Tuesday, December 22, 2009

[Movie Review] Avatar

Big, blue and out of this world

Ok, I made that tag-line up, but it fits and if James Cameron wants to use it for the DVD release, I’m sure we can work something out. I had planned to put Avatar on my upcoming list of “Future movies I’m excited about,” when I realized “holy crap, it’s already out!” I didn’t think it started until Christmas. So I had no choice but to go see it.

First, the venue – I decided to see it at the Regal Cinemas at Carousel Center. A blockbuster like this seemed to demand the top-notch experience and, honestly, since I’ve started going there and have gotten used to the reclining seats, cupholders and stadium configuration, it’s just hard to go anywhere else. Now, I believe it’s possible to see this film in three formats – in regular 2D (like a standard movie), in 3D, and it IMAX 3D. I’ve never seen a movie in IMAX 3D, but if you can afford it, this might be the one to see there. I mention affordability, though, because it’s a real issue. I went to a matinee, as I always do, because the crowds are smaller and because it’s (usually) cheaper. In this case, however, the premium for the 3D showing brought the usual $7.50 matinee price up to a whopping $11! Whoa! Looking at the ticket prices online, it appears that the adult ticket for an evening showing at that theatre is $13 instead of the usual $9.50, so it’s basically a $3.50 surcharge on every ticket for the 3D experience. The 3D is amazing and I’d say it’s worth the added cost, but if I’d taken my whole family, the extra $17.50 (on top of the base price of $37.50 for five tickets) would have been a major-league shock so it’s best to be aware and prepared for it. IMAX tickets are usually much pricier still, and I’d imagine there’s a surcharge there as well. Check your local listings, I suppose.

With regards to taking the kids, I’d say that Avatar is right on track as a PG-13 movie. There’s a brief, very mild love scene that cuts away before being more than just suggestive, and, oh yeah, all the female aliens run around topless. But they’re blue and don’t jiggle much, so it’s actually not all that noticeable and is never played for effect. It’s just there. There’s a fair amount of violence, but none of it is graphic at all – certainly not gratuitous. In fact, the only thing that really bumps it from a PG to a solid PG-13 is the main character (quite understandably) yelling “shit!” a lot, especially when he’s going through his “learn to be a man of the tribe” exercises.

Avatar is, bottom line, a movie about big, blue computer-generated characters who you totally forget are computer-generated, because they’re done so masterfully. It is definitely not a new or original story. In fact, it’s almost certain you’ve run into this story several times before. I’ve seen Avatar called “Dances with Wolves in Space.” I never managed to stay awake through all of Dances with Wolves, but I’m familiar with the basic story and this is awfully similar.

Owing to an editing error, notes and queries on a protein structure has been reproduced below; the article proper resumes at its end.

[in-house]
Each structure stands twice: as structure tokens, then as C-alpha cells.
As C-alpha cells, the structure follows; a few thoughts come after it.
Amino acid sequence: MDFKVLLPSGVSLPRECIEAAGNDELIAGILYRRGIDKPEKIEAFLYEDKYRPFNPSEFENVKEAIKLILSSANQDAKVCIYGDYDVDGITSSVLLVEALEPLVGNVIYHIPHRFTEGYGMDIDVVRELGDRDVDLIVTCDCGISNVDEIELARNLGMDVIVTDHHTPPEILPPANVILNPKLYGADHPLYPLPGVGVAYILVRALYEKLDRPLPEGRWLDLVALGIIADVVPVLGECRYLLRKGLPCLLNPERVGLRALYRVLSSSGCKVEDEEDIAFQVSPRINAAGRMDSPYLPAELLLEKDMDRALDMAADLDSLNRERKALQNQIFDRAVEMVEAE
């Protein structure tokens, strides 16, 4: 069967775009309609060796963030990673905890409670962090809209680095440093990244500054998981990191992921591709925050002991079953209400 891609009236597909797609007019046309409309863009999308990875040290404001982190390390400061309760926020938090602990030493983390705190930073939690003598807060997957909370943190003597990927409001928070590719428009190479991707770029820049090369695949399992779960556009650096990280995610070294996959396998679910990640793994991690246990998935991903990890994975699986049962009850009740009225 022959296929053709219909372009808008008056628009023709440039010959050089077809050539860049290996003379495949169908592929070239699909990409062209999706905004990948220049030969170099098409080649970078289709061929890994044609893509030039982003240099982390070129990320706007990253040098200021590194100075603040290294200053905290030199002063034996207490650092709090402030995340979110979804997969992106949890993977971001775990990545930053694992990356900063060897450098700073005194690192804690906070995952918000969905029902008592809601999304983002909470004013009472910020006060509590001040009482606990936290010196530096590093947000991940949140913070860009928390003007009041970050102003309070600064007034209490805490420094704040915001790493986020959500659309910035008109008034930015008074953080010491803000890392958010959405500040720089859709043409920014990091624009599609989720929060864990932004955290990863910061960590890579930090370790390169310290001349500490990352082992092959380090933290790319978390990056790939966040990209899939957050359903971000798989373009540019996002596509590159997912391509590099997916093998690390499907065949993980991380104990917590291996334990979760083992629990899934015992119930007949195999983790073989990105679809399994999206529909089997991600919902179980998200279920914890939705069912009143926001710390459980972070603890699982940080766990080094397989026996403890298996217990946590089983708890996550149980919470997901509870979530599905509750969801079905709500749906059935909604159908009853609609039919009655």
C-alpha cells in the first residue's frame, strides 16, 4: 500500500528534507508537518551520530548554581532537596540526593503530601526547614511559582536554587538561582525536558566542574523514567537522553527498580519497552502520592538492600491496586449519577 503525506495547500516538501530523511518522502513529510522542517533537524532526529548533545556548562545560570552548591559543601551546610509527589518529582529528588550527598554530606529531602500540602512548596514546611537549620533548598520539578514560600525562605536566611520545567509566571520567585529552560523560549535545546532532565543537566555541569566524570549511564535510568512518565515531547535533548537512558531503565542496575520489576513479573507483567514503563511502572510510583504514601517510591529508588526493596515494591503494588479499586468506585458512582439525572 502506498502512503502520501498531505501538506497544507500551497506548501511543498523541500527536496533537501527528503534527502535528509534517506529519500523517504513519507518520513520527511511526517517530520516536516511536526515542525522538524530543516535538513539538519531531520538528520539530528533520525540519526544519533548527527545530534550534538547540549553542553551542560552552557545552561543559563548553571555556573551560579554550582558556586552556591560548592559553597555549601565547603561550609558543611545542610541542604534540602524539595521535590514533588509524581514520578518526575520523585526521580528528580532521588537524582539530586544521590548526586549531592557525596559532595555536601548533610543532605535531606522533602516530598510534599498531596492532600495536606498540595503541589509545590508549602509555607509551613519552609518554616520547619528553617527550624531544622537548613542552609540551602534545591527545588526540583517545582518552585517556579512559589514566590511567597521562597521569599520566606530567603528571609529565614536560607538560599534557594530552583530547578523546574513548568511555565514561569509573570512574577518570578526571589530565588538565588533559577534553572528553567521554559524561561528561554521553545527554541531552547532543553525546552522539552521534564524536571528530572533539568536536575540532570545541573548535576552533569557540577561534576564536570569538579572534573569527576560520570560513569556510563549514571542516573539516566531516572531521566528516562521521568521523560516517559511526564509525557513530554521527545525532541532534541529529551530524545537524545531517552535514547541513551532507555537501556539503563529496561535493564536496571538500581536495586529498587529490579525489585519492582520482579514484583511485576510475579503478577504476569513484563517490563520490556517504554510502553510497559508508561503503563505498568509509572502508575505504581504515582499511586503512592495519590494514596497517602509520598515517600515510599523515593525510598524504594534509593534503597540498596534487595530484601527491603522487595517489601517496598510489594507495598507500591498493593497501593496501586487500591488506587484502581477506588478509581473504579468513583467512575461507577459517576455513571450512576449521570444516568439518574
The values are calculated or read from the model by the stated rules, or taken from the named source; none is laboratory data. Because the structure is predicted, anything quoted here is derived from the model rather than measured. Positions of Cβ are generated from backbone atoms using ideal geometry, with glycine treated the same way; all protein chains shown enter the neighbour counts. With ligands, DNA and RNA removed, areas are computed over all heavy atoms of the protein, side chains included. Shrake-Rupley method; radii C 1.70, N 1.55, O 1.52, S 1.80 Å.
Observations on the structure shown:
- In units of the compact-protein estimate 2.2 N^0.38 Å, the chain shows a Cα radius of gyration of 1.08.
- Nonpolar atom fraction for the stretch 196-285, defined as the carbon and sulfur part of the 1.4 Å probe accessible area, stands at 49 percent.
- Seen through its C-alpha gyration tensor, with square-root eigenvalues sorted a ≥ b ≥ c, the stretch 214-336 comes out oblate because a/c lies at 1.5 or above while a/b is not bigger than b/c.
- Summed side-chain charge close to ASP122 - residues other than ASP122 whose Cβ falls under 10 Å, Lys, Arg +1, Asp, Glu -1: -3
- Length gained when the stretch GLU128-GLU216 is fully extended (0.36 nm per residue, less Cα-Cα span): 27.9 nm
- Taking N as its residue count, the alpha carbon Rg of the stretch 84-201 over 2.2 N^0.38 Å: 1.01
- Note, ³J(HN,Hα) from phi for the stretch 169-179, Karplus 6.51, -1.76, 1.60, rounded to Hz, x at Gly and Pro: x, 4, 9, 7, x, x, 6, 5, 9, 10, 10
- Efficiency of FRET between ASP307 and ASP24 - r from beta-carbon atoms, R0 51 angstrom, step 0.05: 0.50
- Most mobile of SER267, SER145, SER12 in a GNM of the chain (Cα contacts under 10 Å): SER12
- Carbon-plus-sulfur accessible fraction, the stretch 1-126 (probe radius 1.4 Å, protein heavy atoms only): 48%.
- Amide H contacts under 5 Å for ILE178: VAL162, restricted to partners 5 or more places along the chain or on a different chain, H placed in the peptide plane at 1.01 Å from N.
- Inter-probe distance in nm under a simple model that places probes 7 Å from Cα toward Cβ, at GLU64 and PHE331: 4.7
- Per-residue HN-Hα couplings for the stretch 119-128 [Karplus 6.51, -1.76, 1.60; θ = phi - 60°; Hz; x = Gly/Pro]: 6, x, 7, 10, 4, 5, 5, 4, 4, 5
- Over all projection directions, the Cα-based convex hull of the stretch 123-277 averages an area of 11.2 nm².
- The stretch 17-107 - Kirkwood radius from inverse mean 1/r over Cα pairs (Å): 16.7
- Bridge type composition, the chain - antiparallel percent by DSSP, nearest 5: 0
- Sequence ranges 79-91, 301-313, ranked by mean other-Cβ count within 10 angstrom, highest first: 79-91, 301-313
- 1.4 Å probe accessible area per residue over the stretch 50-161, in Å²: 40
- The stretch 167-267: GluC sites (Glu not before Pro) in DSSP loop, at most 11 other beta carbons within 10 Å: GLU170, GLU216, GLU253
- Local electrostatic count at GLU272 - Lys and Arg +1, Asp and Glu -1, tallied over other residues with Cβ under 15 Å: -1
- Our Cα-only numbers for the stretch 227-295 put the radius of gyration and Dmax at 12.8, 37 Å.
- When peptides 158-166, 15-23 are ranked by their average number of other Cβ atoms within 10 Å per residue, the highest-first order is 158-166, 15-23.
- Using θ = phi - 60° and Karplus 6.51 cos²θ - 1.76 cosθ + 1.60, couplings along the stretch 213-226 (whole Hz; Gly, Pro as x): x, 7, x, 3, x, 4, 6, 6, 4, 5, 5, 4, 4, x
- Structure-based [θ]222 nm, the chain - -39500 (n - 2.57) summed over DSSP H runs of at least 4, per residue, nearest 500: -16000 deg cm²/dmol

There are also no surprises in the Avatar story. Every character is a stereotype. The hero is heroic. The native girl is tough yet tender. The businessman is greedy and stupid – emphasized by the fact that he has a $20M rock decorating his desk and at one point he needs help working a map. The military leader is unrepentantly evil and vicious. In fact, it’s somewhat ironic that in a movie emphasizing its 3D capability, so many of the characters are two-dimensional.

It doesn’t matter. The story may be old, but it’s a good story and it’s been masterfully retold, with some of the most amazing cinematic effects ever. Avatar is a movie about James Cameron’s new toys – a 3D camera and a CGI technique that allowed him to suit up his actors, film them, and then transpose their movements and facial expressions onto the CGI characters. In effect, the movie really was about Avatars.

In the film, an avatar is a special creature grown in a lab from the DNA of a human mixed with that of an alien called a Na’vi. The Na'vi are 10-foot tall blue humanoids with tails. The human “driver” is then plugged into a special bed and, while he sleeps, he mentally takes complete control of the avatar – it walks, talks, eats, drinks, and everything else just as if the driver actually were the avatar creature. Their purpose is to allow the humans who are essentially invading the lush but hostile world of Pandora to interact with, and hopefully gain the trust of, the Na’Vi. The humans, you see, have plundered all of Earth’s natural resources and have come to Pandora because it contains an element that will help the barren Earth to keep supporting life. This backstory about Earth is almost an aside – you have to listen pretty closely to even be aware of it and it’s not central to the story.